FOR FURTHER INFORMATION CONTACT
AUSA VICKIE E. LEDUC or
MARCIA MURPHY at 410-209-4885
February 25, 2009
FOR IMMEDIATE RELEASE
WESTMINSTER WOMAN INDICTED FOR SEXUAL ABUSE OF A CHILD
Defendant Allegedly Trafficked Girl from Maryland to Virginia for Sexually Explicit Photo Shoots
Baltimore, Maryland - A federal grand jury indicted Deborah Gail Frock, age 39, of Westminster, Maryland, today for sexually exploiting a minor to produce child pornography, announced United States Attorney for the District of Maryland Rod J. Rosenstein.
According to the indictment and court documents, in the fall of 2006, Frock drove a 17 year old girl to an inn in Westminster to meet with an adult male who took nude photographs of the victim. He also took pictures and video while he had sex with the victim. He paid her $500, which the victim gave to Frock. Law enforcement agents subsequently searched the man’s residence in 2007 and seized a computer which contained a dozen images of the victim naked and engaged in sex with this man.
Court documents further allege that in August or October 2006, Frock set up by phone another photo shoot of the victim with another man. Frock drove the victim to the man’s house in Purcellville, Virginia. She was present for a part of the time that the man took pictures of the minor victim. The man paid Frock $600 to take the pictures. Thereafter, the man allegedly received two or three phone calls from Frock who attempted to set up additional photo shoots. Some time later, the man allegedly received a voice mail in which Frock told him that the victim was 17 years old, that the state police were at her home and that she would tell the police about the photo shoot unless he helped Frock encrypt her compute or delete files from it. Thereafter, the man destroyed the photos he had of the victim.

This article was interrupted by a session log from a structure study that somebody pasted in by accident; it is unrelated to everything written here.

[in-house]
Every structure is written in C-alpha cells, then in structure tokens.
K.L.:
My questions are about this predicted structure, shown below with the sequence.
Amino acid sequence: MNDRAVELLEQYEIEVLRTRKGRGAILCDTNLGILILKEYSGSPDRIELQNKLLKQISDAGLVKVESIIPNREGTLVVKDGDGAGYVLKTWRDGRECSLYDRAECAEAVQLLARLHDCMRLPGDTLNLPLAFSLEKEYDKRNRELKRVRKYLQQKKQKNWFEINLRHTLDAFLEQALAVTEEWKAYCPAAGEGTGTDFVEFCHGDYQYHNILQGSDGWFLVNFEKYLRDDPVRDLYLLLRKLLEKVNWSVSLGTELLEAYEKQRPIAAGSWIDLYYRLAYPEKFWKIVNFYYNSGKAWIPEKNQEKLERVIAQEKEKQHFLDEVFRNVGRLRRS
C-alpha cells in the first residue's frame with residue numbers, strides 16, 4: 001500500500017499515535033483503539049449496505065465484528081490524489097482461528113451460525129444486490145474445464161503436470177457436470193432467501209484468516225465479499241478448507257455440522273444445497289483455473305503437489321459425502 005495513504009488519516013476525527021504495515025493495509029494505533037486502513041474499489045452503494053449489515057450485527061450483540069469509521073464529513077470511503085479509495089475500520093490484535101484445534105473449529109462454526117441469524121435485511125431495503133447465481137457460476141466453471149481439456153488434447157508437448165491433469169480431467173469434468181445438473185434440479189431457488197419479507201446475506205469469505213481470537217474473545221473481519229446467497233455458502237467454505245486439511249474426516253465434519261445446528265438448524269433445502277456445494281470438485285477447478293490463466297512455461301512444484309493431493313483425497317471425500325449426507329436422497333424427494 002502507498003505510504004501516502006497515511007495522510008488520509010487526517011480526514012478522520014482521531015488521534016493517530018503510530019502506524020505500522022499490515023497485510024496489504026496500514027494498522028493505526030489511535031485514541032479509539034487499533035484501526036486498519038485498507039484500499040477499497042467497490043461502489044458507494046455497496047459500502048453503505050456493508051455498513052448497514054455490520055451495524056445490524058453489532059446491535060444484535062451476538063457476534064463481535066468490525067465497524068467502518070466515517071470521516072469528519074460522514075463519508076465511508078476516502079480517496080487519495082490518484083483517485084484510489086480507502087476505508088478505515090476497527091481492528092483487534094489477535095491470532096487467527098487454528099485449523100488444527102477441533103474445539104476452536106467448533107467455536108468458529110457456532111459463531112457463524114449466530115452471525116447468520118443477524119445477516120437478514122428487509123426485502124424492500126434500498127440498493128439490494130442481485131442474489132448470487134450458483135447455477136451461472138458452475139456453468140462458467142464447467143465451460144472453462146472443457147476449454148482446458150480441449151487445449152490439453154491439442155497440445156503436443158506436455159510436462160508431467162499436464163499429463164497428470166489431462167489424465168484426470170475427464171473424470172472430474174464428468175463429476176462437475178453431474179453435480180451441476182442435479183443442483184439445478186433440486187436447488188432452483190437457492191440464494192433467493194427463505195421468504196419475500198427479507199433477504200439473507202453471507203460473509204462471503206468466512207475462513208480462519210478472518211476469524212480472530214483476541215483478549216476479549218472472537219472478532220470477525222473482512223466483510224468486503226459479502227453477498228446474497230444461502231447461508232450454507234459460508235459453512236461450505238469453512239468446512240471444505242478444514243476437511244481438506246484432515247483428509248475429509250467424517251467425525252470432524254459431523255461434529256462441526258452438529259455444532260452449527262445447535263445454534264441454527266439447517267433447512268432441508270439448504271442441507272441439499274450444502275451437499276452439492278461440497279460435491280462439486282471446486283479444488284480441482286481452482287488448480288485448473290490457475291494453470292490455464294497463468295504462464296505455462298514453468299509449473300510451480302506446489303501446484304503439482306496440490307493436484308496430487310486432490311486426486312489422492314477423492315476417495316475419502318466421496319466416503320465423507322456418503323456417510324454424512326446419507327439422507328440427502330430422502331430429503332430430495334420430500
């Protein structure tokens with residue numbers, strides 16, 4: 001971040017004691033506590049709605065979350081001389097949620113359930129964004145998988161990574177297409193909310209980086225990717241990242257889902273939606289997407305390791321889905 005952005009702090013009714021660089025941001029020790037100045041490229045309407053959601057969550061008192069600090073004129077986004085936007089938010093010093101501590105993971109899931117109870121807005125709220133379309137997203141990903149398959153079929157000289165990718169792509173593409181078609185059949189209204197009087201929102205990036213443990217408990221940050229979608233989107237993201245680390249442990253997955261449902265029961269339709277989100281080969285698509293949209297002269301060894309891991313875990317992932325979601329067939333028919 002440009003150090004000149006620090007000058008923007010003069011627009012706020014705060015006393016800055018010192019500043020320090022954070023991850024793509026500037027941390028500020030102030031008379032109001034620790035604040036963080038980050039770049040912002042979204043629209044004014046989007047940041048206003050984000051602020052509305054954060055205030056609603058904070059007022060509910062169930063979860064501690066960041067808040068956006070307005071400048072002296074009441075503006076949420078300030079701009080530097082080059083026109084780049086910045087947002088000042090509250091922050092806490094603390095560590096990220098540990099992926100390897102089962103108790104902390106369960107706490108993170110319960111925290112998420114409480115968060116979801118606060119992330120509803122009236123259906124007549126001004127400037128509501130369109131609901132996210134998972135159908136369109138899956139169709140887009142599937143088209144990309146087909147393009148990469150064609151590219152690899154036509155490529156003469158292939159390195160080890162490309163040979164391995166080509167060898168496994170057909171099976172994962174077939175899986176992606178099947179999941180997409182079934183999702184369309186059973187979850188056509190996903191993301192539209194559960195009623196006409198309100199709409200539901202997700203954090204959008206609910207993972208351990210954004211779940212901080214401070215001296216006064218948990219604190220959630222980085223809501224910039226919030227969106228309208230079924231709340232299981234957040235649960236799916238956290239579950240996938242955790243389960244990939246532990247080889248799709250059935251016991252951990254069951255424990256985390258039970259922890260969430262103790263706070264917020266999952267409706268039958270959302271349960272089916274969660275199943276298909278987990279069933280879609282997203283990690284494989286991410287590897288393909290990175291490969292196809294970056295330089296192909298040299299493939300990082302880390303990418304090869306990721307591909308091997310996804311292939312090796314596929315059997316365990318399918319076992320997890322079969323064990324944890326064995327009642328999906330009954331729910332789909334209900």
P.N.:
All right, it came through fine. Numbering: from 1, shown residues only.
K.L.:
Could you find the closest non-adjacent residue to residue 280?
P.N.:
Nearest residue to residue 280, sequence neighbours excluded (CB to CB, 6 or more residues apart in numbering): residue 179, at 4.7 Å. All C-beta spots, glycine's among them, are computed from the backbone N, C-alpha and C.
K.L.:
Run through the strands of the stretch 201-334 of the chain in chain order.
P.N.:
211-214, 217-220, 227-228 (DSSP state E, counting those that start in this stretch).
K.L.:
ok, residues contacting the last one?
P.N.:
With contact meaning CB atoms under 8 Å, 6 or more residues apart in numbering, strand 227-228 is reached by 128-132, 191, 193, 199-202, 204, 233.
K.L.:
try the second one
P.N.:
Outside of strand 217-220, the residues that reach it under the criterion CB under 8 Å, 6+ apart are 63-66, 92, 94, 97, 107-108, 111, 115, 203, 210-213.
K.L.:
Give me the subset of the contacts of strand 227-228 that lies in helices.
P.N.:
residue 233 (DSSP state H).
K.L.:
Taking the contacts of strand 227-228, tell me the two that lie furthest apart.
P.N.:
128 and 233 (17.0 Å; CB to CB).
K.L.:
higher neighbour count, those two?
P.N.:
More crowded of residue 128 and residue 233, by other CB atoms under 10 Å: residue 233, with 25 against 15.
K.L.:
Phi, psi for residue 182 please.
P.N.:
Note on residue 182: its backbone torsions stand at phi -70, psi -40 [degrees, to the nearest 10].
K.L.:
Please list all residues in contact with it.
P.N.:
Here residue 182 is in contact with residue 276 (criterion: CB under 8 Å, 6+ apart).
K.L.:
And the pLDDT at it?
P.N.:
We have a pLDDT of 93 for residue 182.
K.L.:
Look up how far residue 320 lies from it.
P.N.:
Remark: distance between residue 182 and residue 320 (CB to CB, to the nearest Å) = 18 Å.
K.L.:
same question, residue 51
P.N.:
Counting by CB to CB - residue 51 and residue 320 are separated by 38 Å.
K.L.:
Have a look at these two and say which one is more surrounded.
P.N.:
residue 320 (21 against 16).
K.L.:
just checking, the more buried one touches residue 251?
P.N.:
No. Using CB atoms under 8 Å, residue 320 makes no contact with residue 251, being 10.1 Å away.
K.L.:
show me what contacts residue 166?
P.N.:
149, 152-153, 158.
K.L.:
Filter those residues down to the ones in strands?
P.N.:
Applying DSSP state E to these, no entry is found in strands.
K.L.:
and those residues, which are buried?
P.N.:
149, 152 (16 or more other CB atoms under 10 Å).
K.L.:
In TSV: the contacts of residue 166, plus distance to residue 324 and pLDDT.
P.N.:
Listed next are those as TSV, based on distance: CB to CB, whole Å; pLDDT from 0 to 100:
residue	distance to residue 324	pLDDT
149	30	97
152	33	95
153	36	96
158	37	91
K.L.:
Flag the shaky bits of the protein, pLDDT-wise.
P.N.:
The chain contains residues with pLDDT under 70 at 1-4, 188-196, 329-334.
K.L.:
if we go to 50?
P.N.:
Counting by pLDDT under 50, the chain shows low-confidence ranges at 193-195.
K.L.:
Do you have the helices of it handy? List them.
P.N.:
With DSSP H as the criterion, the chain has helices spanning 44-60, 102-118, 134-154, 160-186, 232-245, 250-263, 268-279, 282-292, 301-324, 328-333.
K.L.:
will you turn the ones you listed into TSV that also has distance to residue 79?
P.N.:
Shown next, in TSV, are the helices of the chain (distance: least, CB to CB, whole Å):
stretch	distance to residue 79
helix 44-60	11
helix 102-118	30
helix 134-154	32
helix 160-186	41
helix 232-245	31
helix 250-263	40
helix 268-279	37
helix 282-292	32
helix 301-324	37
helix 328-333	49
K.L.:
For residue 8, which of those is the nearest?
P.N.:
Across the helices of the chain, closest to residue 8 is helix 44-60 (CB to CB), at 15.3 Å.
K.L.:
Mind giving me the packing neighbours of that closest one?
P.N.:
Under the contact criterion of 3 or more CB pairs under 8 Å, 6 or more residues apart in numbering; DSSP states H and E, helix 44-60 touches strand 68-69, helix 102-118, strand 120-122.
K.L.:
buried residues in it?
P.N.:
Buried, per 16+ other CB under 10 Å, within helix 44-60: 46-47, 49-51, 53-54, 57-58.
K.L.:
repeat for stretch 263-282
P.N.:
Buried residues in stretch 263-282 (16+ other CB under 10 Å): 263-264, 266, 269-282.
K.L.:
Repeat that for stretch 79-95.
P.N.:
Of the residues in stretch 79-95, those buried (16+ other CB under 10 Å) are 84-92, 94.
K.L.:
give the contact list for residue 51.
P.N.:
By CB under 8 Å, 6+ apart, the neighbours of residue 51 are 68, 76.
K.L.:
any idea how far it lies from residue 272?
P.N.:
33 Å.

Court documents further allege that the victim was reported missing on September 24, 2006 and was found on October 19, 2006. During this time, Frock is alleged to have hidden the victim to prevent law enforcement from locating her.
Frock faces a minimum mandatory sentence of 15 years and a maximum sentence of 30 years, followed by supervised release for up to life. No court date is scheduled for Frock.
An indictment is not a finding of guilt. An individual charged by indictment is presumed innocent unless and until proven guilty at some later criminal proceedings.
This case was brought as part of Project Safe Childhood, a nationwide initiative to combat the growing epidemic of child sexual exploitation and abuse launched in May 2006 by the Department of Justice. Led by United States Attorneys’ Offices and the Criminal Division's Child Exploitation and Obscenity Section (CEOS), Project Safe Childhood marshals federal, state and local resources to better locate, apprehend and prosecute individuals who exploit children via the Internet, as well as to identify and rescue victims. For more information about Project Safe Childhood, please visit www.projectsafechildhood.gov. Details about Maryland’s program are available at http://www.usdoj.gov/usao/md/Safe-Childhood/index.html.
The case was investigated by the Maryland Human Trafficking Task Force, formed in 2007 by the Attorney General of Maryland, the State’s Attorney for Baltimore City and the U.S. Attorney’s Office. The task force was created to discover and rescue victims of human trafficking while identifying and prosecuting offenders. For more information about the Maryland Human Trafficking Task Force, please visit http://www.usdoj.gov/usao/md/Human-Trafficking/index.html.
United States Attorney Rod J. Rosenstein praised the Federal Bureau of Investigation, the Maryland State Police and Carroll County State’s Attorney Jerry Barnes and his office for their assistance in this investigation and prosecution. Mr. Rosenstein thanked Assistant U.S. Attorney Solette Magnelli, who is prosecuting the case.